On January 23, 2009, the Ontario Securities Commission prohibited HudBay Minerals Inc. (HudBay) from issuing shares in connection with its proposed merger with Lundin Mining Corporation (Lundin) without first obtaining HudBay shareholder approval for the transaction. The order was made on an application by Jaguar Financial Corporation requesting a review of the TSX decision to allow the listing of the HudBay shares to be issued in connection with the transaction. The order also sets aside the TSX’s decision and makes the listing of these shares conditional on HudBay shareholder approval of the transaction.

Decision of the OSC

The reasons for the OSC’s order will be released at a later date. However, given that Lundin shareholder vote on the transaction is scheduled for January 26, 2009, the panel issued a brief decision on an expedited basis explaining its approach.

The OSC’s decision was based on section 603 of the TSX Company Manual, which gives the TSX discretion to impose conditions on a transaction by a listed issuer that involves the issuance of securities. In exercising this discretion, the TSX is required to consider the effect that the transaction may have on “the quality of the marketplace”.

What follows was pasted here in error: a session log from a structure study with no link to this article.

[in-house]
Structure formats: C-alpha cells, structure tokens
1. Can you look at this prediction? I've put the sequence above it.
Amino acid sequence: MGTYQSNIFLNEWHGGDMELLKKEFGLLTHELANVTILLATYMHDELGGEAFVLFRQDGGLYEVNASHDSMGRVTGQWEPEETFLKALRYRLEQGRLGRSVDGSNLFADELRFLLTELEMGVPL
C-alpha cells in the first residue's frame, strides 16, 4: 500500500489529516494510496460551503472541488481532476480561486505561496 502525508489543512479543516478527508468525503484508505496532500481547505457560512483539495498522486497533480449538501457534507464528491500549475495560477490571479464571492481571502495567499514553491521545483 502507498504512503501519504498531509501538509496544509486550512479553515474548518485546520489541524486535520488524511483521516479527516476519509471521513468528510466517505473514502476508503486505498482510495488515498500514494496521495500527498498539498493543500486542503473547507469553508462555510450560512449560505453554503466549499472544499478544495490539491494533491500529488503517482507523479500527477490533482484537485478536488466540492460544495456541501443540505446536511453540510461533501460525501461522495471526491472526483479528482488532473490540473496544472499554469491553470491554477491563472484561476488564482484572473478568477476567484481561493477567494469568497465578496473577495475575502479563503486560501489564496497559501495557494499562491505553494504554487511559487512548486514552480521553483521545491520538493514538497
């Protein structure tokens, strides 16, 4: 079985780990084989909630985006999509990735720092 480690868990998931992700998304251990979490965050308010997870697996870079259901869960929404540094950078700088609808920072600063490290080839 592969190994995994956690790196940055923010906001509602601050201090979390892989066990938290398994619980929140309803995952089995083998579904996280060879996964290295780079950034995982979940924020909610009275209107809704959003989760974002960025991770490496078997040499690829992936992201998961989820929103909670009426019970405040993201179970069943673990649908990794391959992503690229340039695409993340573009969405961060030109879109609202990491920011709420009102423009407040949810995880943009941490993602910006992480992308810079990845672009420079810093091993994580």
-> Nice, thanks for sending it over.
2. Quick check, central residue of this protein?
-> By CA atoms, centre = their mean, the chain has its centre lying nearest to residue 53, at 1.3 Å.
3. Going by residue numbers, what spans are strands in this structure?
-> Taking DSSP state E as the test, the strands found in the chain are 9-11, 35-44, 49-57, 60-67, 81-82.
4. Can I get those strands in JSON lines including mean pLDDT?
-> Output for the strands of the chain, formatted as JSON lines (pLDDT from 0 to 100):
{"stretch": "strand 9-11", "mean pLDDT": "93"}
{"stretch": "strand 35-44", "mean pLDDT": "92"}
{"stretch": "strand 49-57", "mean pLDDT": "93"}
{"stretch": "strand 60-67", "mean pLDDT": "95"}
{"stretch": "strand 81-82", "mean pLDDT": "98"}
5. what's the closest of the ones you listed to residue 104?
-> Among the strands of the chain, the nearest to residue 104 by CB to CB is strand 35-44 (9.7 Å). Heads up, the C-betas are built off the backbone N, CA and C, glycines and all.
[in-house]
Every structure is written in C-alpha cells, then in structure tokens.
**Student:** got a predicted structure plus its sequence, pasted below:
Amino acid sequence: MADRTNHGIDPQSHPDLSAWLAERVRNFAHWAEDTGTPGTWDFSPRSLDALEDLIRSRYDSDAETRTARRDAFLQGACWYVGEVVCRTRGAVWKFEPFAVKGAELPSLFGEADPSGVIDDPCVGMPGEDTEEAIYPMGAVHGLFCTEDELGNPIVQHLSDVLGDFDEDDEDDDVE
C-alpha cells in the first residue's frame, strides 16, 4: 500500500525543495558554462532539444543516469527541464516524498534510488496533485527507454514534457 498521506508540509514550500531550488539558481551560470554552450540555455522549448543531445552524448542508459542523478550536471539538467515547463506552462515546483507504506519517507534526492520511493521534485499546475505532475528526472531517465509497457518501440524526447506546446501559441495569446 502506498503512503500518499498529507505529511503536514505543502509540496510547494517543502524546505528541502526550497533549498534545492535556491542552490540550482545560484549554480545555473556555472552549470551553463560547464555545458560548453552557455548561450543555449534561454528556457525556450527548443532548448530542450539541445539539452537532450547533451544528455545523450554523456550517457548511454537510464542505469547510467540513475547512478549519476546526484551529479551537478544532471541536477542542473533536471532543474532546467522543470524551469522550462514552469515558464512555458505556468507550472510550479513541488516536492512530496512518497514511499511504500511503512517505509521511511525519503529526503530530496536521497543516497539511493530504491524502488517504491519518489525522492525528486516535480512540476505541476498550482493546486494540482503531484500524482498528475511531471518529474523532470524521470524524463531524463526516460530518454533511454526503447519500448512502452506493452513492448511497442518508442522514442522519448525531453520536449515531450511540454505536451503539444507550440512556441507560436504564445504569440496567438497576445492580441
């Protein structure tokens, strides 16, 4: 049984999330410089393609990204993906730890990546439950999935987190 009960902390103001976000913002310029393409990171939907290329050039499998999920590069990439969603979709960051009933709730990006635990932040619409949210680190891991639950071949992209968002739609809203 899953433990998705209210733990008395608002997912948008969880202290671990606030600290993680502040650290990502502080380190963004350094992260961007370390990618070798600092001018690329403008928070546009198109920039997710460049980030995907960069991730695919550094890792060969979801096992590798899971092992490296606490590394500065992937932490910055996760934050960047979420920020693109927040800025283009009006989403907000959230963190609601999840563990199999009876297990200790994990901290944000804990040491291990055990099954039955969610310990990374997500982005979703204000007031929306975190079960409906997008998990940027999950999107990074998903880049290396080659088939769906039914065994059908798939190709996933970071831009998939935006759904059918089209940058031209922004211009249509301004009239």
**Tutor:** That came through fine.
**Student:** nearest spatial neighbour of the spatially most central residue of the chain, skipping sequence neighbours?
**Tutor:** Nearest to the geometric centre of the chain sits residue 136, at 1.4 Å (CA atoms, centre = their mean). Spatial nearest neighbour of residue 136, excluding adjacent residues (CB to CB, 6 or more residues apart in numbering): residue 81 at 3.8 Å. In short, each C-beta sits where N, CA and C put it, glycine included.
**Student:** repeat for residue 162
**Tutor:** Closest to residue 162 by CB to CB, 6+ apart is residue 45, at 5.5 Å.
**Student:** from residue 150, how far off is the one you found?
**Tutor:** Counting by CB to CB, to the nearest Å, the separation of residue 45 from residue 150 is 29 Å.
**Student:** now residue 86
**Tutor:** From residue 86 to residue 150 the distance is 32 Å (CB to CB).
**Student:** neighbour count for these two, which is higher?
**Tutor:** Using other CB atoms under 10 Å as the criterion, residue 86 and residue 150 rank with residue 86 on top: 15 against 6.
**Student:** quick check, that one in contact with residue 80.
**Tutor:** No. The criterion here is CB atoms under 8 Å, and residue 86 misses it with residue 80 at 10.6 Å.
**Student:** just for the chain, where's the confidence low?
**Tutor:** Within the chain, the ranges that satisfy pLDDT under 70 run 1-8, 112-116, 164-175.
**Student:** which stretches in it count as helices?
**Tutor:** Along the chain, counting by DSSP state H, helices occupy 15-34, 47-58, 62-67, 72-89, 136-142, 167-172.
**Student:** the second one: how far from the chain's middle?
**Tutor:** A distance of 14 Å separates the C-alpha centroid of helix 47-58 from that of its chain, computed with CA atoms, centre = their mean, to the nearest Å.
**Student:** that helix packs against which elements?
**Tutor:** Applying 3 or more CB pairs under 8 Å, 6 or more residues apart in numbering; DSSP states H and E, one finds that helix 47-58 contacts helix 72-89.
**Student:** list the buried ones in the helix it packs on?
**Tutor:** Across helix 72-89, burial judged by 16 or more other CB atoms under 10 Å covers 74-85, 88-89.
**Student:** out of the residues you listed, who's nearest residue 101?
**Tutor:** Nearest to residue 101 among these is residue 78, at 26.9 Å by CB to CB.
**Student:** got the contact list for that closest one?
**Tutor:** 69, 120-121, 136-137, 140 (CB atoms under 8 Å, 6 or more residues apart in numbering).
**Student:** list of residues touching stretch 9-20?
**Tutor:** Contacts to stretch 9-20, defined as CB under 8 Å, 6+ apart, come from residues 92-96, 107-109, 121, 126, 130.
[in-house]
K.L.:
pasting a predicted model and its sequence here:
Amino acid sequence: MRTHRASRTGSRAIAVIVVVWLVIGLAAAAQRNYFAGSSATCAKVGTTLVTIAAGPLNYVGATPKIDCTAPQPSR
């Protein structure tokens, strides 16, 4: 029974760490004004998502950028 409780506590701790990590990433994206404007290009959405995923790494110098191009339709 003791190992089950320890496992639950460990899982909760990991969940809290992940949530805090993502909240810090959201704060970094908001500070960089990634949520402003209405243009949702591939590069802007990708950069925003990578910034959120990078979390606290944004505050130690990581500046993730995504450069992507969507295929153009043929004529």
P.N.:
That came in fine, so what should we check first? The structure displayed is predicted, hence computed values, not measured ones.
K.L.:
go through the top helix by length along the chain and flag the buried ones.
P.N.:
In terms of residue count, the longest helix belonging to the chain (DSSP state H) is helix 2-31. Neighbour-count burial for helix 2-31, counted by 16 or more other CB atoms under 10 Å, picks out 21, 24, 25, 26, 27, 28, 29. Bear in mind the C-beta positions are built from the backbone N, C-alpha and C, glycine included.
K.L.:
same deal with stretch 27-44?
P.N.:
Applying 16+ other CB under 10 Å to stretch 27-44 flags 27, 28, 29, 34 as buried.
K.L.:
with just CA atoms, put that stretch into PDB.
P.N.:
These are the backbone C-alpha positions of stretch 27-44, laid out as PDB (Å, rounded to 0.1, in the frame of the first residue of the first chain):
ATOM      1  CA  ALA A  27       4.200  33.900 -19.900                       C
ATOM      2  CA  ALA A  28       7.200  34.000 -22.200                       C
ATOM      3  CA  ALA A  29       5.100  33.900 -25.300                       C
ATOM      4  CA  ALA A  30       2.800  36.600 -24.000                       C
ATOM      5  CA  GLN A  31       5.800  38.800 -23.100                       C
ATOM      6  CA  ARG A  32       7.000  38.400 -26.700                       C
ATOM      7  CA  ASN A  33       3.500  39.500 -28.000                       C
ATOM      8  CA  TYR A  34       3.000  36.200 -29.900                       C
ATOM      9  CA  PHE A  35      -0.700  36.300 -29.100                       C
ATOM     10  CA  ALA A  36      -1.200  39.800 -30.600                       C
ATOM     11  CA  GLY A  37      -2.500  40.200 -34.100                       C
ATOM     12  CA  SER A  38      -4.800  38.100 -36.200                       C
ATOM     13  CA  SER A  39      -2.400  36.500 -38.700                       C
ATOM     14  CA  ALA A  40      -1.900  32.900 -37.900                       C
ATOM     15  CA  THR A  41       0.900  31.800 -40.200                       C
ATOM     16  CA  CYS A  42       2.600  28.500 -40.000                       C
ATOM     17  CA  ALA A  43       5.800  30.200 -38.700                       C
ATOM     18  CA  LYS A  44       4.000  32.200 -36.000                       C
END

The record before the OSC did not indicate the factors or circumstances that the TSX considered in exercising its discretion. Accordingly, the OSC was unable to defer to the TSX and conducted its own assessment of the impact of the transaction on the quality of the marketplace. The OSC focussed on the following:

Impact of the Transaction on Shareholders of HudBay

The proposed transaction has an enormous impact on the rights and economic interests of the shareholders of HudBay. The OSC referred to evidence that the transaction is considered by HudBay insiders to be transformational in business terms, and noted that the HudBay share price fell by approximately 40% following the announcement of the transaction.


The transaction contemplates the issuance of additional HudBay shares representing just over 100% of the number of shares currently outstanding - a level of dilution that the OSC characterized as extreme and more indicative of a merger of equals than an acquisition by HudBay.

Board of the Merged Entity

Significant changes are planned to the HudBay board following the transaction. Five of nine directors of the company will be former directors of Lundin. The OSC noted that HudBay shareholders would be subjected to a radical change in the composition of the board without their consent or concurrence.

Timing of Shareholder Votes

Lundin is required to obtain shareholder approval for the transaction. The Lundin shareholder meeting is scheduled for January 26, 2009 and the transaction is expected to close prior to March 30, 2009.

Shareholders of HudBay have requisitioned a meeting for the purpose of removing the HudBay board of directors. HudBay has scheduled this meeting for March 31, 2009.